An indictment was filed Thursday with the Beersheba District Court against a figure targeted by the police who, over a period of time, had purchased weapons from an IDF non-commissioned officer (NCO).
Police recently arrested Dimona resident Maor Malka after they captured the NCO that was en-route to him with 10 LAW shoulder-launched missiles in his vehicle. Further charges will be filed later on against professional soldiers who were involved in the theft and transfer of the weapons to Malka.
In line with formal statements made by Police Commissioner Yohanan Denino, police are attempting to imply that the weapons stolen during the affair were used during the wave of assassinations that swept the south of the state in recent months. However, as they were not able to find sufficient evidence, the claim does not appear in the indictment.
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The affair was revealed after Central Unit officers obtained intelligence from which they implied that Malka was involved in the trading of arms that he had purchased from NCOs serving in the IDF. One of the non-commissioned officers, Itay Yehuda, who was in charge of an armory in a base in Mishmar HaNegev, was, as mentioned, captured by police with 10 LAW missiles in his vehicle.
According to suspicions, Yehuda intended to sell the missiles to Malka for NIS 900 ($258) each, who would then transfer them to other offenders. The estimated value of one such missile in the underworld is NIS 25,000 ($7187).
The Central Unit officers were surprised to discover the unbearable lightness with which the NCOs removed the weapons from the military bases; they broke into bunkers of various units and stole whatever came into their hands, including explosive bricks, fragmentation grenades, and bullets.
The investigation further revealed that NCO Yehuda had previously served as a warden in the Prison Service, and was fired from his position due to controversial circumstances that involve a drug-related affair. An indictment relating to the case was never filed, and Yehuda's lawyer claimed that his client was only suspected of use of drugs.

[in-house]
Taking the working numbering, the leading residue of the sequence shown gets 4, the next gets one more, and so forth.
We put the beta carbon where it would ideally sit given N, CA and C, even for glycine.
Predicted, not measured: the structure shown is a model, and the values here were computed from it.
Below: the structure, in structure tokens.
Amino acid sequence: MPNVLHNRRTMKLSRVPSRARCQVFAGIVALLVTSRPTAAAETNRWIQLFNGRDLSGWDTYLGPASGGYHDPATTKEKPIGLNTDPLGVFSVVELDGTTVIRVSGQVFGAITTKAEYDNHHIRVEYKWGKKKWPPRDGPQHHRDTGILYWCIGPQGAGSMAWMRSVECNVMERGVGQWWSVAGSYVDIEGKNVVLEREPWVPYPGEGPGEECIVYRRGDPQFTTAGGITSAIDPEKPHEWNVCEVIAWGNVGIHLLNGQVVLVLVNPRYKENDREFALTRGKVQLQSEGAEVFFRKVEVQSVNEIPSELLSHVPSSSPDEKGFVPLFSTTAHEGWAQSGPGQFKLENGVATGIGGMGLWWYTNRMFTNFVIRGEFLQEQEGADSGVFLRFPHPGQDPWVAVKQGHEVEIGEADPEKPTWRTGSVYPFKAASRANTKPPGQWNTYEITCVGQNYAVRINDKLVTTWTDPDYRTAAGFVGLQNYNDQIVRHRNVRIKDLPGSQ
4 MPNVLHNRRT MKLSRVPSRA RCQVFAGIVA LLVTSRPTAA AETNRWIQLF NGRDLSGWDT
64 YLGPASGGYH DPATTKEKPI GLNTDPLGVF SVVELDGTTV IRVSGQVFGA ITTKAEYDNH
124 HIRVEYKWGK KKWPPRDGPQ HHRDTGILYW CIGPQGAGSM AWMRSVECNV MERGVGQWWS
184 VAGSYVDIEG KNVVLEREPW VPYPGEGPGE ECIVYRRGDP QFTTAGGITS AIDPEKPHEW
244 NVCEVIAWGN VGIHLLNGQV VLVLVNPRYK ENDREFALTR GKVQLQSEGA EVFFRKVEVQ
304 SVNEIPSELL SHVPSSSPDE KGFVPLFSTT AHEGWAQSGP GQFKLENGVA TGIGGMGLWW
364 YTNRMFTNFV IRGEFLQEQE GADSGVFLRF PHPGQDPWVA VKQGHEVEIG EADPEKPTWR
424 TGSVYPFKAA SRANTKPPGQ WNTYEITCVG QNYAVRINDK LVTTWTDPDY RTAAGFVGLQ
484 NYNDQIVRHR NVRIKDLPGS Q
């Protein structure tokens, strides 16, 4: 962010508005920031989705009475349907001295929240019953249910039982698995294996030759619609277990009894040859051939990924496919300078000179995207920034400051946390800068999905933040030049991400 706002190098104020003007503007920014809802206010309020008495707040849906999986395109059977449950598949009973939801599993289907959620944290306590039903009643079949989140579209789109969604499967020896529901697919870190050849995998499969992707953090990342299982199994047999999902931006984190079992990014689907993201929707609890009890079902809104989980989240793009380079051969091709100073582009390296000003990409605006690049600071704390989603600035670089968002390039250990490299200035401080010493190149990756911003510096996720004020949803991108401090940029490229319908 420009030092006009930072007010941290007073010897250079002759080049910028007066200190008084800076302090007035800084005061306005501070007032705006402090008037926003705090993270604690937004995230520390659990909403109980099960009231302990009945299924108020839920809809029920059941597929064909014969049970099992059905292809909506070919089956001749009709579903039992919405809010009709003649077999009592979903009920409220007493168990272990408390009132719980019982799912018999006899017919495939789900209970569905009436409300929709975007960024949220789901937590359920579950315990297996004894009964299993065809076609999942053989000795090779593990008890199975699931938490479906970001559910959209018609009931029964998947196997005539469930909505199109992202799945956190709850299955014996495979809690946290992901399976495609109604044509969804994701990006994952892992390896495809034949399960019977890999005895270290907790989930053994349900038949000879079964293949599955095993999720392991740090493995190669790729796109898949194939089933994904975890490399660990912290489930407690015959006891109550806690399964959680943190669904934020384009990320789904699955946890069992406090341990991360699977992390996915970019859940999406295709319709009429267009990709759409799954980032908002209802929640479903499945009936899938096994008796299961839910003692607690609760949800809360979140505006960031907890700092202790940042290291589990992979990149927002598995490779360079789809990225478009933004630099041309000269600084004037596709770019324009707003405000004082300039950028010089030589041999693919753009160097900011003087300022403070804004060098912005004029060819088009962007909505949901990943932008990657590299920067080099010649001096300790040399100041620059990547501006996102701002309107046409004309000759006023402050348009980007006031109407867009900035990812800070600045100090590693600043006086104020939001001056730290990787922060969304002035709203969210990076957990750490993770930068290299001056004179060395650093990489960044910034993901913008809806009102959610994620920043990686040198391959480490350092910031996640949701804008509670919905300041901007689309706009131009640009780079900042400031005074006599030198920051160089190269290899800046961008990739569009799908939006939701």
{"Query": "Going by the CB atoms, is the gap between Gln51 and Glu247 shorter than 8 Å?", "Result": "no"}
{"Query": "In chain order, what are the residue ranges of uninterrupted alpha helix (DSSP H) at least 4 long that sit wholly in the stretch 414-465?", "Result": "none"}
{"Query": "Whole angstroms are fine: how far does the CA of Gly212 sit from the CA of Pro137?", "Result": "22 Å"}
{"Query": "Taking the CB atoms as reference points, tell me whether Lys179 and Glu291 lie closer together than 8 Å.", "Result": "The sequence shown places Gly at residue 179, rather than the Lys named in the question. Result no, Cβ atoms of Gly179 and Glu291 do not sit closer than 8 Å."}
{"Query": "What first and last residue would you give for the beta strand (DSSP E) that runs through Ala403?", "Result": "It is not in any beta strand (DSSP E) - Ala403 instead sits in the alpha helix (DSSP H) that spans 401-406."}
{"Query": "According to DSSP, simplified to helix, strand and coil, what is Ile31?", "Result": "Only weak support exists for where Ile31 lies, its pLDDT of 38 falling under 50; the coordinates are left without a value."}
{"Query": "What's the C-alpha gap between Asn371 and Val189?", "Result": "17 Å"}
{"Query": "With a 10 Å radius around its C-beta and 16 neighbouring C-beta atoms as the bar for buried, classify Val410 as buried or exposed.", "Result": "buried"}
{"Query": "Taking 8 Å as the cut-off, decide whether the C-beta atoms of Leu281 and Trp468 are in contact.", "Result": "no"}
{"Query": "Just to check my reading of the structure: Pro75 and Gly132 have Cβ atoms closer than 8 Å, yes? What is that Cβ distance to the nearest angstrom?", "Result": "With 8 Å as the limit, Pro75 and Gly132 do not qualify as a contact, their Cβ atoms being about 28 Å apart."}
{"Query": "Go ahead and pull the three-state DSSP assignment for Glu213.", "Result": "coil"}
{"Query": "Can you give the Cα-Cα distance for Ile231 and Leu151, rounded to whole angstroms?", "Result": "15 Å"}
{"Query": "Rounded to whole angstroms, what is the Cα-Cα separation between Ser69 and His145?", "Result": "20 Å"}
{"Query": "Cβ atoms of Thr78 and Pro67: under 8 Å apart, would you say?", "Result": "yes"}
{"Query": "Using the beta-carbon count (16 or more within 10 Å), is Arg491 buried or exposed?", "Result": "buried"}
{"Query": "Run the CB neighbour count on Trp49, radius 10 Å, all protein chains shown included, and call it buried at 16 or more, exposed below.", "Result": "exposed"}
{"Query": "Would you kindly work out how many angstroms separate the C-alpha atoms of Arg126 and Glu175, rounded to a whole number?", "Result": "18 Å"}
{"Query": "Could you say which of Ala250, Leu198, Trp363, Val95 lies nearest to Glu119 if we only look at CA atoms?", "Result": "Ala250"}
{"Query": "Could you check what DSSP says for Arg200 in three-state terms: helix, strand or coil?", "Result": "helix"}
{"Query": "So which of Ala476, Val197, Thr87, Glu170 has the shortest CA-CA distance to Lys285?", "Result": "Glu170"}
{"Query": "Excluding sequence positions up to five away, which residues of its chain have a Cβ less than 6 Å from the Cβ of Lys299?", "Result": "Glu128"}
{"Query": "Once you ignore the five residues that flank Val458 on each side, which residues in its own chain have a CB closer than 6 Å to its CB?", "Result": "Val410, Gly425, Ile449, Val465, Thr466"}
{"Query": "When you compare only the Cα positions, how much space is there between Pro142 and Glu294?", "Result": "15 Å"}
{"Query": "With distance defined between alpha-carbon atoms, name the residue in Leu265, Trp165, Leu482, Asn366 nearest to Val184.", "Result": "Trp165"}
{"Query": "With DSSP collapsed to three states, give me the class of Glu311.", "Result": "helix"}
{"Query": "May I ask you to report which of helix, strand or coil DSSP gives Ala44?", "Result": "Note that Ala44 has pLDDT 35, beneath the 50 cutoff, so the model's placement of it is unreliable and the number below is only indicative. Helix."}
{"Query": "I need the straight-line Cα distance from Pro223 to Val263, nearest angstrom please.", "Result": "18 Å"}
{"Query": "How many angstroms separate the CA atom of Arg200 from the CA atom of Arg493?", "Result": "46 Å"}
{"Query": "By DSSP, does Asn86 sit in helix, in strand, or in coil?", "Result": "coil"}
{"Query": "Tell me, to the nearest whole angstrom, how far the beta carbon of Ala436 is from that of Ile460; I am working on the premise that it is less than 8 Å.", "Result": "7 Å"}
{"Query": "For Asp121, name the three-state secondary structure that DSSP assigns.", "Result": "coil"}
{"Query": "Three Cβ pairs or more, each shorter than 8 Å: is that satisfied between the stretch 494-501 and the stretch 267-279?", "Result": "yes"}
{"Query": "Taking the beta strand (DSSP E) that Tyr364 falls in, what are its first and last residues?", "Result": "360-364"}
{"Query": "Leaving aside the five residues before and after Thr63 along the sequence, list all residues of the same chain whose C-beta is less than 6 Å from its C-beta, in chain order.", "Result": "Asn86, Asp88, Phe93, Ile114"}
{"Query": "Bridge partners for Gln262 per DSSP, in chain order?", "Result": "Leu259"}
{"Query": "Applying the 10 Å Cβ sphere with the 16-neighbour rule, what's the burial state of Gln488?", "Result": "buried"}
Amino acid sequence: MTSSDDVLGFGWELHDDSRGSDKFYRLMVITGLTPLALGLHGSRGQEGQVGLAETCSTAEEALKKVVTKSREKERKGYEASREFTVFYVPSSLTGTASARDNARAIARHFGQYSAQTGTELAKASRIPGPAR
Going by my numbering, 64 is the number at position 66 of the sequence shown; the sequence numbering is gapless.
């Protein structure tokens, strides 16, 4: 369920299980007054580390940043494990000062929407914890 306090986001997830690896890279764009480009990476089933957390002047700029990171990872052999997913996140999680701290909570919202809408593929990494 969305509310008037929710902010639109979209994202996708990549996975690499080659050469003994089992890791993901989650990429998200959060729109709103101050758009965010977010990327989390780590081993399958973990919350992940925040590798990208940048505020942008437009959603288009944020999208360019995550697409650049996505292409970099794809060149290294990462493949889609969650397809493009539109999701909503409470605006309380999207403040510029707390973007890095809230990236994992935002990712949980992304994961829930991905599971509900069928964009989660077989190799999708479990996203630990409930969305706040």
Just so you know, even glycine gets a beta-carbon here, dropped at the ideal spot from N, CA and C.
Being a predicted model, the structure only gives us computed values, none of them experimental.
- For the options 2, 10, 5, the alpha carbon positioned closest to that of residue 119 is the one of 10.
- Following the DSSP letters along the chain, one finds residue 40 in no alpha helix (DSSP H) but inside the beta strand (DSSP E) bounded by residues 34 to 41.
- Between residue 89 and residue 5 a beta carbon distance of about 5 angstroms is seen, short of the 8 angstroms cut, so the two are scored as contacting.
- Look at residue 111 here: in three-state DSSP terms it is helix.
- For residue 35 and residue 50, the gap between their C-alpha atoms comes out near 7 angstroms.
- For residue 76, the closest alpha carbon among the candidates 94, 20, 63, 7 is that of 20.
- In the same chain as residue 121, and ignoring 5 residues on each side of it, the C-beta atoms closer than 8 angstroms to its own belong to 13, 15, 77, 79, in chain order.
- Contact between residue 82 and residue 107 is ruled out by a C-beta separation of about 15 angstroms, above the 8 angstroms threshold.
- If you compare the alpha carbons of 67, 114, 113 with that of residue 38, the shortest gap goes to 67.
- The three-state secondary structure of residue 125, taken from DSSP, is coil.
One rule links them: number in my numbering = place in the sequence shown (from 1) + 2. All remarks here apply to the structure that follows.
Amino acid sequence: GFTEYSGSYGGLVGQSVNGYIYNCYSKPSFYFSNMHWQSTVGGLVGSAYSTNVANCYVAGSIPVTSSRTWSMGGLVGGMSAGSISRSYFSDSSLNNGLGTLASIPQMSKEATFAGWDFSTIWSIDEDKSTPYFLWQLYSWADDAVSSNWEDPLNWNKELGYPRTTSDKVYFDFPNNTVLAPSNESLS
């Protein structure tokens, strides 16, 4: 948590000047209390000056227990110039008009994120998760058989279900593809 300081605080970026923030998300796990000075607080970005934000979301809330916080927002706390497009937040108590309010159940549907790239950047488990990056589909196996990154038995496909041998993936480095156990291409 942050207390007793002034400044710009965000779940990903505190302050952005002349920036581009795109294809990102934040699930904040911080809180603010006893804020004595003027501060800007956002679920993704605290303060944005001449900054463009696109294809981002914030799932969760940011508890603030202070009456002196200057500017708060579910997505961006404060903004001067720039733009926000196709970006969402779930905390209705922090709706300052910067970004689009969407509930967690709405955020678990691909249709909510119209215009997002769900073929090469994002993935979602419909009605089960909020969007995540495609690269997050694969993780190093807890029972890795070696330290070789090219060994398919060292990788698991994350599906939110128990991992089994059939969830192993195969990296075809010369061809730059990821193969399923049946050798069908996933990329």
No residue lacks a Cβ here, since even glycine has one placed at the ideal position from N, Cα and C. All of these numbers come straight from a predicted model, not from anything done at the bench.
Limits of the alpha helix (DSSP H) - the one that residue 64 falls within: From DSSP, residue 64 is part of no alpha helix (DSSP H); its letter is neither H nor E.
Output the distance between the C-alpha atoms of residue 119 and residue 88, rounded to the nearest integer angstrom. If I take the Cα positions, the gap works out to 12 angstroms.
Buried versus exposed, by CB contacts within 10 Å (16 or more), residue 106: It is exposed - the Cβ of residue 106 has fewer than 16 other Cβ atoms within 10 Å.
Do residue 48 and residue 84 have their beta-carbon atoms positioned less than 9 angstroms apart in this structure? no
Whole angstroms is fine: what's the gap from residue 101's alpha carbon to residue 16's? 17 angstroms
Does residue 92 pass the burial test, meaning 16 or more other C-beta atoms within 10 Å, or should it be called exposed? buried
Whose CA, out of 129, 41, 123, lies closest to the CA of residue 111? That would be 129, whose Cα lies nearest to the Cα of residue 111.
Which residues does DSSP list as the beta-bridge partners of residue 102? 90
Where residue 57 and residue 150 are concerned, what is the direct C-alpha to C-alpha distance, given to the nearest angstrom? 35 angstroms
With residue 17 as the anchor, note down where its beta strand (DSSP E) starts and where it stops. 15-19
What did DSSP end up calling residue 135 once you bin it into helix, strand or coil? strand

Despite these incidents, after leaving the Prison Service Yehuda was accepted into military service. A response from the IDF has yet to be received.
New details surfaced Thursday following the filing of the indictment, including information regarding the relationship that had developed between Malka and NCO Yehuda. Malka owns a headstone manufacturing business, and Yehuda had initially contacted him following the death of a relative.
Yehuda told Malka about his role in the IDF, in which he was in charge of bunkers containing weapons and combat means, and Malka gradually began asking Yehuda for certain items; starting from a flannelette (a cloth soldiers use to clean their rifles), a weapon cleaning kit and additional items.
"At first he asked for things that didn't arouse suspicion", a Central Unit source explained. "Slowly, the requests grew. It came up to a point where a hand grenade was sold for NIS 300 ($86), an explosive brick for NIS 100 ($28) and a bullet for NIS 1 ($0.30). These are unrealistic prices, but the NCO said 'what do I care'. We were amazed to see how easily the NCOs betrayed the trust that was placed in them for their greed of money."
Yehuda, it was claimed, later contacted another suspect: Hanan Biton, a logistics NCO serving in an IDF base in Tze'elim. According to suspicions, Yehuda was assisted by Biton, who removed 34 functioning explosive bricks with 34 detonators, for which Malka paid him NIS 3,400 ($977).
Another suspect is Meir Haver, also a logistics NCO serving in an IDF base. The investigation revealed that Yehuda had contacted him, and the two broke into a warehouse at a base in the Sde Teiman airport, from which they stole 34 fragmentation grenades, for which Yehuda received NIS 6,800 ($1954).
And how were the missiles stolen to begin with? About a month ago, Yehuda entered the Sde Teiman base with a friend and simply took them. He placed them in a bag inside his car and took them to his home in Dimona. Several minutes before the transfer of arms was to be made, Central Unit Officers arrested him along with other suspects.
After purchasing the combat means, Malka would sell them to other criminals. Police define him as a "marketing mean. In general, he's the one who markets to everyone. He isn’t really affiliated with any organization. He gets along with everyone."
Malka occasionally hid the weapons at a cemetery nearby his business. Police suspect that he created a thriving business that earned him thousands of shekels; however, officers failed to seize the money.
Responding to claims made against their client, Malka's laywers said: "After we process and learn the information, we will be able to refer to each and every charge, in order to prove the innocence of our client."
An IDFspokesman stated in response that: "An investigation on the subject is being conducted by the Criminal Investigations Department's Central Unit for Special Investigations, in cooperation with Central Unit officers and Israel police."